100 History-Making Cameras on One Poster
These days we take it for granted that we can capture a single moment with the click of a button. Photography hasn’t always been as simple as it is now, but it has arguably always been pretty awesome. To celebrate photography or, more accurately, the devices that make it possible, Pop Chart Lab has designed a stunning new poster that tracks the history of the camera from 1888 to today. The poster, called “A Visual Compendium of Cameras,” features hand-illustrated images of 100 different cameras that can be considered landmarks in the history of photography.
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The poster begins with the original 1888 Kodak camera, concludes with two new 2013 models, and depicts influential cameras from nearly every decade in between. According to Will Prince, Managing Editor at Pop Chart Lab, the selection process for the featured cameras was guided by three “i”s: They sought to include “cameras that were important to the evolution of photography, cameras that were interesting or weird, and finally cameras that have great cultural influence, be it through general iconography or ubiquity," he says.
Some cameras, like Kodak's Brownie and the first SLRs, were included because “they set the standard for new generations of photography and how people captured reality in still images," Prince says. "Certain devices, while not necessarily changing the mold of the medium, were so fun—[like in their] body design and quality of the developed picture—that they achieved almost cult followings in the tech world. This goes especially for plastic 'toy' cameras like the Diana F+ and the Lomography Action Sampler, whose lousy-but-awesome outputs are coveted by vintage-obsessed photography devotees."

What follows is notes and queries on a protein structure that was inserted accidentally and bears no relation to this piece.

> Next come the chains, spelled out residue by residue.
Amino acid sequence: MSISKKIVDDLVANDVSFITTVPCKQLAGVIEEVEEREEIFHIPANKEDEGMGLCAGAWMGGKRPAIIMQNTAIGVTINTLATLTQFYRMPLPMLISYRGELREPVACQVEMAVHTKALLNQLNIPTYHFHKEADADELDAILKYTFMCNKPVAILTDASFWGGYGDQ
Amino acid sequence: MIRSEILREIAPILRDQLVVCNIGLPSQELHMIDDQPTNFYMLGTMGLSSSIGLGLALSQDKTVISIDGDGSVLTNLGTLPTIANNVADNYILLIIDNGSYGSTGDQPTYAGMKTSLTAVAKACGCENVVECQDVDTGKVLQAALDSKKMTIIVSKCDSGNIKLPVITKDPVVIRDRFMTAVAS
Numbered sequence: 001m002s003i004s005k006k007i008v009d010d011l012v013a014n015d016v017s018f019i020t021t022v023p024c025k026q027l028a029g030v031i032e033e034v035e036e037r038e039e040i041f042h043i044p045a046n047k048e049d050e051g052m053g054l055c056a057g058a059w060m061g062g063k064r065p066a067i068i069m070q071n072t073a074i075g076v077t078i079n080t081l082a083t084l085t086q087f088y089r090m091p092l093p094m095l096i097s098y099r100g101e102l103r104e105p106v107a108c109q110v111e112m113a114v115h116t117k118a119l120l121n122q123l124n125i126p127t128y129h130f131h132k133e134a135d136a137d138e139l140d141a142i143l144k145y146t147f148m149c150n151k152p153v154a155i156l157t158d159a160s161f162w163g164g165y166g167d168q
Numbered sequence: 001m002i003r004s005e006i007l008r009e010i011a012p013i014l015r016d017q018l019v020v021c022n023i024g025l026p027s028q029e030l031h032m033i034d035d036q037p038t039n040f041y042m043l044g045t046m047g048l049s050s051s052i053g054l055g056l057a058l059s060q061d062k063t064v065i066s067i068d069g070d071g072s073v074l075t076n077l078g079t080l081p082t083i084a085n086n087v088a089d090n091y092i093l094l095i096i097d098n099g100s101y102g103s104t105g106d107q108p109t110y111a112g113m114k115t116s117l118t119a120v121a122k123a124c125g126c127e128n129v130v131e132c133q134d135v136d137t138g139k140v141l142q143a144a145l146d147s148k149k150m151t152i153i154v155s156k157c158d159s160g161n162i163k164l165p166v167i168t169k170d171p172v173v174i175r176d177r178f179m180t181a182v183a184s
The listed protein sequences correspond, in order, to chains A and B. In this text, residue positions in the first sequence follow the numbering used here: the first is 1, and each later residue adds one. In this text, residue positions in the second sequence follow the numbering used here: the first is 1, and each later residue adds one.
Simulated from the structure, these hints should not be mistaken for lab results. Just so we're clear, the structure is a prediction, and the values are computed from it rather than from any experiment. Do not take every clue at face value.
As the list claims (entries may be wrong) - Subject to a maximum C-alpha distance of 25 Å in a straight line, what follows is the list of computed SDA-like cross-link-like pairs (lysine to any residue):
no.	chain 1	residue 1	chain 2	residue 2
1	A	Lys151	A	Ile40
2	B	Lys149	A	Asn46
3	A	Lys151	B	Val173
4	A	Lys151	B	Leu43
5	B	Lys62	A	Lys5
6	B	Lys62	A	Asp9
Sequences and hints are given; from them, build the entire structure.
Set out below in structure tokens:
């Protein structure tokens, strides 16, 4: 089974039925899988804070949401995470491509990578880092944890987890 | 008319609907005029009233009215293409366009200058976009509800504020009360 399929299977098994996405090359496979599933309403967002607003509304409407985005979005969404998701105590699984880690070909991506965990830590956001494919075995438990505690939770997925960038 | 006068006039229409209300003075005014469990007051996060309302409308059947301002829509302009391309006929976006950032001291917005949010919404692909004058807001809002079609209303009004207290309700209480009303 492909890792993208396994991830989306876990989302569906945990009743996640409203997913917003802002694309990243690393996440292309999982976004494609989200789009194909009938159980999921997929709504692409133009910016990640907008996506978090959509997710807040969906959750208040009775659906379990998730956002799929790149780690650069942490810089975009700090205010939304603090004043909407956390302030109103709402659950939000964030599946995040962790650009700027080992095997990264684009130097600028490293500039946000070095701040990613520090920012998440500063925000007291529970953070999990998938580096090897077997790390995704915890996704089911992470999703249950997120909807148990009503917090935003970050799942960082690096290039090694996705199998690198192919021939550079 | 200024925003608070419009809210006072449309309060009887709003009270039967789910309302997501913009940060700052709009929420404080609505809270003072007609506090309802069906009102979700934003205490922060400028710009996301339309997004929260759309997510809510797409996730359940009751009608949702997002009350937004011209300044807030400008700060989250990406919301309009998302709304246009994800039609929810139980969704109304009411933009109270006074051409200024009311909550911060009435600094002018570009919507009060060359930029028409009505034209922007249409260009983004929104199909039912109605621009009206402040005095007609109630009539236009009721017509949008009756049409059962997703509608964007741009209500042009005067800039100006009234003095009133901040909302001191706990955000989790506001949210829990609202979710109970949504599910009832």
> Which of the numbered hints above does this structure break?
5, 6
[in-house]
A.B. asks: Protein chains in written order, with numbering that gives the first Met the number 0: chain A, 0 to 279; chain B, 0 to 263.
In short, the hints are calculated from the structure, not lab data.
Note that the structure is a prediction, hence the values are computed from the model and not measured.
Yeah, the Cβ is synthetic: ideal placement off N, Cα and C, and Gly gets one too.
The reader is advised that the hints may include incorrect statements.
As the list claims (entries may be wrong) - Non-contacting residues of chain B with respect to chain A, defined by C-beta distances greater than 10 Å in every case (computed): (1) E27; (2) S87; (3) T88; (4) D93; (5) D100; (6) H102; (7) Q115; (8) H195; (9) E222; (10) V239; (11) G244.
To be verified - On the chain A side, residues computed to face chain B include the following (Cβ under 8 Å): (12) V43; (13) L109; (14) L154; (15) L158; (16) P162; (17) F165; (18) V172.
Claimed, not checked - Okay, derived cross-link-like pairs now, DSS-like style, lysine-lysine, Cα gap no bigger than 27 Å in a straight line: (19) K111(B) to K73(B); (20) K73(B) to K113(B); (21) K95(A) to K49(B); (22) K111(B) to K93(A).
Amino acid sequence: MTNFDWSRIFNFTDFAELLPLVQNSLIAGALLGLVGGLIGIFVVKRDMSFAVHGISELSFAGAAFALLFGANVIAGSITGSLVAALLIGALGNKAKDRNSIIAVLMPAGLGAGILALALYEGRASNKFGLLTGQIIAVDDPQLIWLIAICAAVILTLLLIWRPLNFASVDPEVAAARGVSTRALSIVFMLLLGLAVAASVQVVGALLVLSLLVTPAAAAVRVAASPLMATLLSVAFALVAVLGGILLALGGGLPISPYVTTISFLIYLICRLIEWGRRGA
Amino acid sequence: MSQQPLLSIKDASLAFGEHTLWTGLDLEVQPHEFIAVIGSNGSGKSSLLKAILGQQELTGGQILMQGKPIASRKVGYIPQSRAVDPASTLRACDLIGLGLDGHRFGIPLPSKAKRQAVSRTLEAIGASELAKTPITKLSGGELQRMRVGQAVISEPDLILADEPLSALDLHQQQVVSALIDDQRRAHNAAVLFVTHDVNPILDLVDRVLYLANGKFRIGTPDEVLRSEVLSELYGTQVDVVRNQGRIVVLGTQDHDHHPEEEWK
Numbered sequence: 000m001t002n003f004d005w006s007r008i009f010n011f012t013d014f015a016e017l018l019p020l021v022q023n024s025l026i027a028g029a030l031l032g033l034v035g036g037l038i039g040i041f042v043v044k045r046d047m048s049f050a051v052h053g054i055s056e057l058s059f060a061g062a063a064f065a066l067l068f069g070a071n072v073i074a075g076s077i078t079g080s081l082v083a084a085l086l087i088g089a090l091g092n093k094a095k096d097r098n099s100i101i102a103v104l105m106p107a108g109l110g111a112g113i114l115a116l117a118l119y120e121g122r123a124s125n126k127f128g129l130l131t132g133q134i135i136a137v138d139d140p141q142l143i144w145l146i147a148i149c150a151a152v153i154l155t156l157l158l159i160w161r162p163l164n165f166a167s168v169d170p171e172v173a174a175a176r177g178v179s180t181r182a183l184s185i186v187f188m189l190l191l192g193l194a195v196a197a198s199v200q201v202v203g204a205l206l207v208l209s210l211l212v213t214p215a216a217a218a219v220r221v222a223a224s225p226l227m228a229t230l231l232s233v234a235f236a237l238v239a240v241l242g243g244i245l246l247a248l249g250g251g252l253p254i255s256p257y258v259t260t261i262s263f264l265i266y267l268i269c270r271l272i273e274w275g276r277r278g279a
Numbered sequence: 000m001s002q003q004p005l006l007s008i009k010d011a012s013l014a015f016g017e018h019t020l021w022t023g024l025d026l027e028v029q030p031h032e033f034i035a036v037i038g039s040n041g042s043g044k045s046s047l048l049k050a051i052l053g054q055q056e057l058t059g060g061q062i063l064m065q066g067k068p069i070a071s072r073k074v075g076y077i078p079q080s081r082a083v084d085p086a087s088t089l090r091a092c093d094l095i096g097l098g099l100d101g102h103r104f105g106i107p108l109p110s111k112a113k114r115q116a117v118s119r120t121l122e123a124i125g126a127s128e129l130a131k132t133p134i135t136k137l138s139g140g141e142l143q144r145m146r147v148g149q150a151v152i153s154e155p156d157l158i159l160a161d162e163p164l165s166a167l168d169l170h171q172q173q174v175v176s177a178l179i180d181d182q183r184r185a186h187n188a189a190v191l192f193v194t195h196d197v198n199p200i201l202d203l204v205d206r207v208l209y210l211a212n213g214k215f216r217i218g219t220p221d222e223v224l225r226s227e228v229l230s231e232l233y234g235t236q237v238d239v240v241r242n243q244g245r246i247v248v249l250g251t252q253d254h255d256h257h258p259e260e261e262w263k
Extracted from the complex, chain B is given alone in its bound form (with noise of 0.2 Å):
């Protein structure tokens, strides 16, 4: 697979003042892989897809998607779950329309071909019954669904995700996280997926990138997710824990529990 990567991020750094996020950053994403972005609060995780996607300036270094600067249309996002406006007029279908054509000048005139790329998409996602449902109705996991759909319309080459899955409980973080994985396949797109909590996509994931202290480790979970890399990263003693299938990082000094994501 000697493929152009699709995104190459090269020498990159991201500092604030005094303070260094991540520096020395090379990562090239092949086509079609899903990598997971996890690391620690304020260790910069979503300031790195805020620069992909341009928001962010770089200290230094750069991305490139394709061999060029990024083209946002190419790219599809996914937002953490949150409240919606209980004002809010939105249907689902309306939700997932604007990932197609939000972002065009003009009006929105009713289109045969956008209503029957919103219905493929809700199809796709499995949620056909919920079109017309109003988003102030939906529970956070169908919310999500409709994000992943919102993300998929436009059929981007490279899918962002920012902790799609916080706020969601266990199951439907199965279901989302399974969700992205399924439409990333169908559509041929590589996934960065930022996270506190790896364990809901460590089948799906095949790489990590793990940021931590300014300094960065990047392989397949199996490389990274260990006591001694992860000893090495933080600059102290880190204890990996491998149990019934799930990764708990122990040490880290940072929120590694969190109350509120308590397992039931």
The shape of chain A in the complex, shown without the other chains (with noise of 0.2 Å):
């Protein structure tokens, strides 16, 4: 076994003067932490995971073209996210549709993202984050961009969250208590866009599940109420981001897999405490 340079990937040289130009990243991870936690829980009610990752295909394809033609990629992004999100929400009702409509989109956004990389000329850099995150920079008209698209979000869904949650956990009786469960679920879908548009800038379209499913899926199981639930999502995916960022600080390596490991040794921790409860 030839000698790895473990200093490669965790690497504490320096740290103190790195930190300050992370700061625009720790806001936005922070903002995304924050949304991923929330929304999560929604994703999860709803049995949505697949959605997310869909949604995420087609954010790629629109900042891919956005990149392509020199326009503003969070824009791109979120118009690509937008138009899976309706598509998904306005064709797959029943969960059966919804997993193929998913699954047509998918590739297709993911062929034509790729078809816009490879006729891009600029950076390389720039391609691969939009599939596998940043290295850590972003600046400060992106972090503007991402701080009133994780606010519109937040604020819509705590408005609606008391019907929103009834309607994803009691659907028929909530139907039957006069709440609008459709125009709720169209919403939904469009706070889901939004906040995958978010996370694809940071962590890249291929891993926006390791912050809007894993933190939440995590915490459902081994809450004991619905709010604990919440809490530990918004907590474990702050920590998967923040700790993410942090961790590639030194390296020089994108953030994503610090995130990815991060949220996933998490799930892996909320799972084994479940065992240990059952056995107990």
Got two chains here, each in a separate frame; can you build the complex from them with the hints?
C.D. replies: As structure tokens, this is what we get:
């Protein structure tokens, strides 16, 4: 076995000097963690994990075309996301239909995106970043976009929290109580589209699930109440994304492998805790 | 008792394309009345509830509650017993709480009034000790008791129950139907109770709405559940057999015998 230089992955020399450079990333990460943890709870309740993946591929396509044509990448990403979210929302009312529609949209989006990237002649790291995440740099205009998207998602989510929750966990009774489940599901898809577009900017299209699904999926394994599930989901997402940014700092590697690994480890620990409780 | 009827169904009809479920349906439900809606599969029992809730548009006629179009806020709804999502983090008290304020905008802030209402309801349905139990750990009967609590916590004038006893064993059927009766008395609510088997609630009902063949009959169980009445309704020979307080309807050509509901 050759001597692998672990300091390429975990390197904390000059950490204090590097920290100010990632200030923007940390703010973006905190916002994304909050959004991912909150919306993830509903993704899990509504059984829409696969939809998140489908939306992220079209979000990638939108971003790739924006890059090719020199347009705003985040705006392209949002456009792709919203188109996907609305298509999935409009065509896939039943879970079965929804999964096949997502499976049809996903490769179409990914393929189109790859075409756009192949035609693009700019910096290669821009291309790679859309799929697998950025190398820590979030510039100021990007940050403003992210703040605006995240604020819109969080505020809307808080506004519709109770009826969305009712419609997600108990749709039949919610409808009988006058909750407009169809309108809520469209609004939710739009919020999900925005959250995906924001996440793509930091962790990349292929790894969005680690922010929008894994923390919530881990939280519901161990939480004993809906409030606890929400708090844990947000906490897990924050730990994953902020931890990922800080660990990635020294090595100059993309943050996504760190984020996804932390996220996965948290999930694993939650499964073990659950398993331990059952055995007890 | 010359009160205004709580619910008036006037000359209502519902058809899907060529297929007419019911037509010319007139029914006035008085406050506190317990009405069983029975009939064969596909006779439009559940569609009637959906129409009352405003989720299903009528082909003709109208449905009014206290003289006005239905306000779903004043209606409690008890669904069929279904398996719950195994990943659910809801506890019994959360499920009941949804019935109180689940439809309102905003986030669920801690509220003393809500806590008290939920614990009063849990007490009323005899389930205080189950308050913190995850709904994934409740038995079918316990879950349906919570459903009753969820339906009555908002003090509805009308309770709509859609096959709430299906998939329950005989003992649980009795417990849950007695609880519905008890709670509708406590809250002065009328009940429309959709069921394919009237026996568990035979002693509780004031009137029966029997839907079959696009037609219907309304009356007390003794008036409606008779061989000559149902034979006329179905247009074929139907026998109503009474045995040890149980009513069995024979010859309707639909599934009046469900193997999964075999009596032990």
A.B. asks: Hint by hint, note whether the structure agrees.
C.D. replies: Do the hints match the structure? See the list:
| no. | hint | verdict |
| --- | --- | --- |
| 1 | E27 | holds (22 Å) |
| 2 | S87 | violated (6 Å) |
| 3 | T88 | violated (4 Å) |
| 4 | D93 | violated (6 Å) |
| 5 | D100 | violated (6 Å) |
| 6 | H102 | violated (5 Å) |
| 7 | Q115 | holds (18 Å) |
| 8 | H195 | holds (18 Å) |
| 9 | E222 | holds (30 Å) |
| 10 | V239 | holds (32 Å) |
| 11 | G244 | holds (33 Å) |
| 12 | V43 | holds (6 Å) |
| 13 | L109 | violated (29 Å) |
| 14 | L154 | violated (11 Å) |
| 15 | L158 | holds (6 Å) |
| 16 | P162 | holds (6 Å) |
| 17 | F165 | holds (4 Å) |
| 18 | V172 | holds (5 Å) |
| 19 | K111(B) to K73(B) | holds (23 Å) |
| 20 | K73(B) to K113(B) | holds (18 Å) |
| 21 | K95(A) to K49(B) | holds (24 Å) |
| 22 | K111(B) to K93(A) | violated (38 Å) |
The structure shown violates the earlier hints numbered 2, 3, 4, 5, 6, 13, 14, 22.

The images on this poster can help us appreciate the advances photographic technology has made throughout these generations, to the point where we can now snap photos with our iPhones, a device that also made the list. “It's no secret that most photo-philes cringe when someone shows them an ‘almost professional’ shot taken on someone's phone," Prince says. "But there's also no denying the iPhone's influence—it's the world's most popular camera.”
While many of the cameras on this poster earned their place by being innovative and groundbreaking, a few nabbed their spots by simply being unique. The Minox Spy Camera, for example. "The Minox is evocative of Cold War espionage, all James Bond and pulp spy hero," Prince says. "The camera itself could be taped inside your collared shirt, the little protracted lens placed into one of your button holes. Probably really good for snapping secret documents and contraband."
Another interesting camera was the Graph-Check Sequence Machine. “[It] had eight little lenses and shutters, like the eyes of a bug," Prince says. "The shutters went off in sequence, capturing eight moments in time of a moving object. This would of course prefigure rapid-shot sequencing today, which can be done with a single lens instead of eight.”
If you are at all inclined towards loving photography, you should take the time to check out this assortment of cameras—“the cameras that changed the game, made it fun, and made it everyone's to play,” according to Prince.